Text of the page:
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Milwaukee Brewers: Why was April a month of errors and shutouts?

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MILWAUKEE, WI - APRIL 05: Ben Zobrist #18 of the Chicago Cubs is safe at second base after an error by Hernan Perez #14 of the Milwaukee Brewers during the fifth inning at Miller Park on April 5, 2018 in Milwaukee, Wisconsin. (Photo by Stacy Revere/Getty Images)
MILWAUKEE, WI - APRIL 05: Ben Zobrist #18 of the Chicago Cubs is safe at second base after an error by Hernan Perez #14 of the Milwaukee Brewers during the fifth inning at Miller Park on April 5, 2018 in Milwaukee, Wisconsin. (Photo by Stacy Revere/Getty Images) /
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With 25 team errors through the first month of 2018 baseball, the Milwaukee Brewers rank second ahead the Yankees. The good news is that they’re still behind the Rangers (27). Fans hope the trend does not continue. However, history does tend to repeat itself.

Talented Bats vs. Shutouts

Put aside the errors on the field for a minute, and you will see that the very talented bats on the Milwaukee Brewers have been silenced six times in the first month of the 2018 season. When was the last time that happened?

When looking at the first 32 games of the season, it only happened once in 2017 against the Pittsburgh Pirates. Shutouts in six games through the first month is not something fans are happy about.

Seeing those shutouts come against the Cubs this season was particularly hard to watch. The bats are certainly better than that and have to pull more weight since the bullpen is really clicking.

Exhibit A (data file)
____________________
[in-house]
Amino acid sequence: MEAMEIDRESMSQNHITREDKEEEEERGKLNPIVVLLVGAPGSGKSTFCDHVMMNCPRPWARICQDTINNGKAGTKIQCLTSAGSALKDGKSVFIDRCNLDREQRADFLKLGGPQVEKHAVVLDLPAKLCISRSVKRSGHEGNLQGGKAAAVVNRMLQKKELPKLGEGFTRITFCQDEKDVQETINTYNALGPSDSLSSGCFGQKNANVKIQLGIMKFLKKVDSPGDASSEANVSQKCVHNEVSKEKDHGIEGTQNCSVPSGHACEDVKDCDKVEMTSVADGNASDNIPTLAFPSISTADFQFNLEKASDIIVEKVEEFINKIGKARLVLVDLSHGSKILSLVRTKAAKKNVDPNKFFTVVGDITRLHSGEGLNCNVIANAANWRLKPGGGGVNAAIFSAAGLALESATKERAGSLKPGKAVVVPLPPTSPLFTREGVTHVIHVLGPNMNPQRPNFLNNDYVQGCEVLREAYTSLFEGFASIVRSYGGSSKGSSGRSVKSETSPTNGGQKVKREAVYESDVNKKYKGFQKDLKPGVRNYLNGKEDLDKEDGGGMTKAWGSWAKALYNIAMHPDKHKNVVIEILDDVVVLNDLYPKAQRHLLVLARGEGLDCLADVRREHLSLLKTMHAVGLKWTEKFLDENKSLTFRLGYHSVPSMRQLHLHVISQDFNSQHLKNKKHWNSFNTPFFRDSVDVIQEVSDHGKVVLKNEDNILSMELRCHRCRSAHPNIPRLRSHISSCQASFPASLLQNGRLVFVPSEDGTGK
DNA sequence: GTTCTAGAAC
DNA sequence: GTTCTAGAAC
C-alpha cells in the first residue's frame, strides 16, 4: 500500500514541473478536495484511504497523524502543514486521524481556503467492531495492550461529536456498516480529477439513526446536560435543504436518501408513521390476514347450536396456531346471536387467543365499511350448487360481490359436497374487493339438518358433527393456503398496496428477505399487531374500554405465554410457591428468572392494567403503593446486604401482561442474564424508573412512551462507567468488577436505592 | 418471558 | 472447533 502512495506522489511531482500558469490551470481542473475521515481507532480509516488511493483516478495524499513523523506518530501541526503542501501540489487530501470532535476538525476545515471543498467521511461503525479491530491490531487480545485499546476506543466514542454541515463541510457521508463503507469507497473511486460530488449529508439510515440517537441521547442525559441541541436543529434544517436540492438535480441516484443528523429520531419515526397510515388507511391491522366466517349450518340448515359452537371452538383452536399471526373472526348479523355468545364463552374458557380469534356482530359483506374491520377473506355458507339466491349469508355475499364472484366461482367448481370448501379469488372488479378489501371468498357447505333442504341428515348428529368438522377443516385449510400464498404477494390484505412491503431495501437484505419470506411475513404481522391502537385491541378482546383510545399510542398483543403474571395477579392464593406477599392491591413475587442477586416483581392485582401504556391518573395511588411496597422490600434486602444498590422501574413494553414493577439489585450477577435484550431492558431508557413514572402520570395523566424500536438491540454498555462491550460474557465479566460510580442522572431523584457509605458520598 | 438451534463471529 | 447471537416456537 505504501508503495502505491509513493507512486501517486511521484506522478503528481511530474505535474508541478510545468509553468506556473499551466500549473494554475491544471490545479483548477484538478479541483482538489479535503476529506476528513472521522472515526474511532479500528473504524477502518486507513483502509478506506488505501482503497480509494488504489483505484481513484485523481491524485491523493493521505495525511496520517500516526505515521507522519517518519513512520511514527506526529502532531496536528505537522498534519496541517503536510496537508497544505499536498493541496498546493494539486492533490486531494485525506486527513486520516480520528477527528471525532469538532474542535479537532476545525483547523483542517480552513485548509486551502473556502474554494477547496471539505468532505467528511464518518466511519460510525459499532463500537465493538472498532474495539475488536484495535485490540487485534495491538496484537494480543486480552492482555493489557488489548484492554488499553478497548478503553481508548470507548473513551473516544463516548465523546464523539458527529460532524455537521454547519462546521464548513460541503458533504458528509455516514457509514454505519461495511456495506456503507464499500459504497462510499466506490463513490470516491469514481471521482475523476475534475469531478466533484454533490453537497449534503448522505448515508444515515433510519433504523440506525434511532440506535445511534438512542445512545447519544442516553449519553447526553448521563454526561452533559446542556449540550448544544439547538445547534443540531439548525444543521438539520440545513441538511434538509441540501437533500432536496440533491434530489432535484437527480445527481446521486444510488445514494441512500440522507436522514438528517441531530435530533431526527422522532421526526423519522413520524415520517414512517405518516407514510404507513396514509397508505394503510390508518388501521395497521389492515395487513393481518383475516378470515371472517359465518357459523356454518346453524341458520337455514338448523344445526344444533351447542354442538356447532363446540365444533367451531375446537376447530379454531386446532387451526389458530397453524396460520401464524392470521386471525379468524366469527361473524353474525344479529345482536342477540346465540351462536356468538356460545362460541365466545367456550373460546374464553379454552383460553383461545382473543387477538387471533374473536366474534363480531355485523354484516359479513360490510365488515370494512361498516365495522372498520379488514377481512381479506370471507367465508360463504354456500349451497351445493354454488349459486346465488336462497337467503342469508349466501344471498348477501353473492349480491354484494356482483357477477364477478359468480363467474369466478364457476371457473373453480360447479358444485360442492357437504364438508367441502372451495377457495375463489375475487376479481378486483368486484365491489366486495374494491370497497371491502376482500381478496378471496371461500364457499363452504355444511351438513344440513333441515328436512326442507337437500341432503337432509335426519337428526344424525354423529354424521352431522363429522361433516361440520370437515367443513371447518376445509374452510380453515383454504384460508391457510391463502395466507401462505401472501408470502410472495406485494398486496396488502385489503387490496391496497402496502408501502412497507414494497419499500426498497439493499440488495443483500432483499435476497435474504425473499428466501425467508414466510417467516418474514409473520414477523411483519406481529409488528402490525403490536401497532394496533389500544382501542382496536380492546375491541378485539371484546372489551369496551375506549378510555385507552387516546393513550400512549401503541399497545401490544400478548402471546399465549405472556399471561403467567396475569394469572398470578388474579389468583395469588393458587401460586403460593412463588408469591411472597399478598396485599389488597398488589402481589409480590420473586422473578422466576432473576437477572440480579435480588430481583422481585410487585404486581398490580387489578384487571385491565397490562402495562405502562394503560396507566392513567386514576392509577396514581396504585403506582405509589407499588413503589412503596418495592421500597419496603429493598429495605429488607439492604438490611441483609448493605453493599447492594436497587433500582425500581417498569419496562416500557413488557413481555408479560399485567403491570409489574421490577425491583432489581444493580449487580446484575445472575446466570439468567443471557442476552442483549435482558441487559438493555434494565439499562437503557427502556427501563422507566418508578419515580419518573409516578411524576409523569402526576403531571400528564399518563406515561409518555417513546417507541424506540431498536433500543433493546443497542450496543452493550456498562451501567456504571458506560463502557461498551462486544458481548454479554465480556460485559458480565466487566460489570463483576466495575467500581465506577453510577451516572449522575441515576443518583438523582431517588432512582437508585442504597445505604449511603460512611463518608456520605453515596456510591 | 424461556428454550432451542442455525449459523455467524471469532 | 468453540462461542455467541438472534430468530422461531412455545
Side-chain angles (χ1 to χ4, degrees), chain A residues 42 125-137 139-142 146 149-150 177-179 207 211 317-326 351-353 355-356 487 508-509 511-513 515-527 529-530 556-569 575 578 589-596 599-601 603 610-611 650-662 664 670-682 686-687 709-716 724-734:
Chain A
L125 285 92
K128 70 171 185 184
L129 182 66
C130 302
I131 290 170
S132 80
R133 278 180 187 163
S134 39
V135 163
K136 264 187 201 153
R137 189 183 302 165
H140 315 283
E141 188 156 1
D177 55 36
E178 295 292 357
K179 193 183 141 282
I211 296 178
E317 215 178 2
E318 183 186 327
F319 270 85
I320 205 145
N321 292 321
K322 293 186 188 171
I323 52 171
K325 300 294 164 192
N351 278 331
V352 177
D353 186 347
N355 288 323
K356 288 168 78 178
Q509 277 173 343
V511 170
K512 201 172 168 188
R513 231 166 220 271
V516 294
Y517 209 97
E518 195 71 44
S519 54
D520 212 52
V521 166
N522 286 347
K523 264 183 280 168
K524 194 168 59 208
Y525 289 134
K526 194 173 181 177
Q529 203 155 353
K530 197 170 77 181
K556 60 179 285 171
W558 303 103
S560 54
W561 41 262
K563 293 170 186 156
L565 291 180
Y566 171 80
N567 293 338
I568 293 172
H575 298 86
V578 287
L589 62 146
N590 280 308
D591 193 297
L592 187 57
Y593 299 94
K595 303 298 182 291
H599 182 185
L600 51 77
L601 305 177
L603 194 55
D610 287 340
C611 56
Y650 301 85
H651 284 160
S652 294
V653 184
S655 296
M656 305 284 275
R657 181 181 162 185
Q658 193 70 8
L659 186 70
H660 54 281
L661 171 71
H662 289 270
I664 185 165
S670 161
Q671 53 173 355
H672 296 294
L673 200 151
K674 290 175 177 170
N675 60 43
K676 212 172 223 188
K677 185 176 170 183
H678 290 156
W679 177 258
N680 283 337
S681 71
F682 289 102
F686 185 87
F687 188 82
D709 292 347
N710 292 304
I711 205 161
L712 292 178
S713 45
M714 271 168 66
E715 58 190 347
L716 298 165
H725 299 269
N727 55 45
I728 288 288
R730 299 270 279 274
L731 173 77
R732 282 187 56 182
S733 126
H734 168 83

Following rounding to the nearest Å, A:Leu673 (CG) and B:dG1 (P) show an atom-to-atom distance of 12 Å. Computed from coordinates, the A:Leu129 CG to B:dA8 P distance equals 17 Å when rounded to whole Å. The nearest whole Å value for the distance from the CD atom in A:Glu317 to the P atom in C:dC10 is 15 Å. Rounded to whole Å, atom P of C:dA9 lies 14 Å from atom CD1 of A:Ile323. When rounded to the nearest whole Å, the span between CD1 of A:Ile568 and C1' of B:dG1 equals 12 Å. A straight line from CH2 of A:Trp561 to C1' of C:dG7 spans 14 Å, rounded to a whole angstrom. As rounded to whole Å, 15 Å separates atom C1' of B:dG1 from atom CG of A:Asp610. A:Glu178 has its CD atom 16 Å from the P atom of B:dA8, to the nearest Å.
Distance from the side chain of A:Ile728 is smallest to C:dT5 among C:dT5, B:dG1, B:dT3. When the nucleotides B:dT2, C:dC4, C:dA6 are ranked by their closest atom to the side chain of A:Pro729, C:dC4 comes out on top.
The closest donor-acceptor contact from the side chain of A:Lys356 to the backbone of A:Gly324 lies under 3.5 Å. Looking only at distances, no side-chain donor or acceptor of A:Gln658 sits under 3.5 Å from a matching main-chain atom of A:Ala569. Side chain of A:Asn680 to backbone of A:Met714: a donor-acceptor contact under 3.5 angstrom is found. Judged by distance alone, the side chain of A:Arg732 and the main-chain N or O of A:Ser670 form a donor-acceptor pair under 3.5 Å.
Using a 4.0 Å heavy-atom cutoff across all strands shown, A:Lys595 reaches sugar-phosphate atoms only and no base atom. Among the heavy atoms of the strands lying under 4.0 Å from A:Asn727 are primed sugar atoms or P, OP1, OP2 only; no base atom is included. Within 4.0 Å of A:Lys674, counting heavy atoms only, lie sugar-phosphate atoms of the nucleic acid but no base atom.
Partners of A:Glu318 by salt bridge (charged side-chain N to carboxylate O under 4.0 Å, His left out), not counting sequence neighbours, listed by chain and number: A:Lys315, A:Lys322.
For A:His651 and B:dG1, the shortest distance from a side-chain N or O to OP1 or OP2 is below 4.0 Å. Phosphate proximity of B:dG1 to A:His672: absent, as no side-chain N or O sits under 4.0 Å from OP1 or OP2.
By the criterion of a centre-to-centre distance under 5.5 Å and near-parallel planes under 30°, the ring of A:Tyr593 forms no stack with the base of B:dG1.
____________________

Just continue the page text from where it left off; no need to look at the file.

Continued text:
Fielding Errors Too Common

If you ask any baseball fan which position records the most errors, they are likely to reply with shortstop or second base. Those two positions get the most chances at the ball, so there are many more changes to mess the play up.

Orlando Arcia and Jonathan Villar have five and four errors, respectively. That might not seem like a lot, but in the most recent years, one or both have been on the top of that list by the end of the season.

In 2017, Arcia had 20 errors while Villar had 15. For 2016, Villar recorded a total of 29 errors at two different positions when he played shortstop and third base. It’s baseball. The sport is fast paced and, in some cases, has a lot of moving parts, so errors are just a part of the game.

Next: Corey Knebel Is Back In Milwaukee

When a team is near the top of the “errors committed” leader board, fans are going to notice. So far this season, the bullpen has been doing a great job of holding off runs in the late innings. All of that work is for nothing if the bats cannot bring the runners around to score late in the game.

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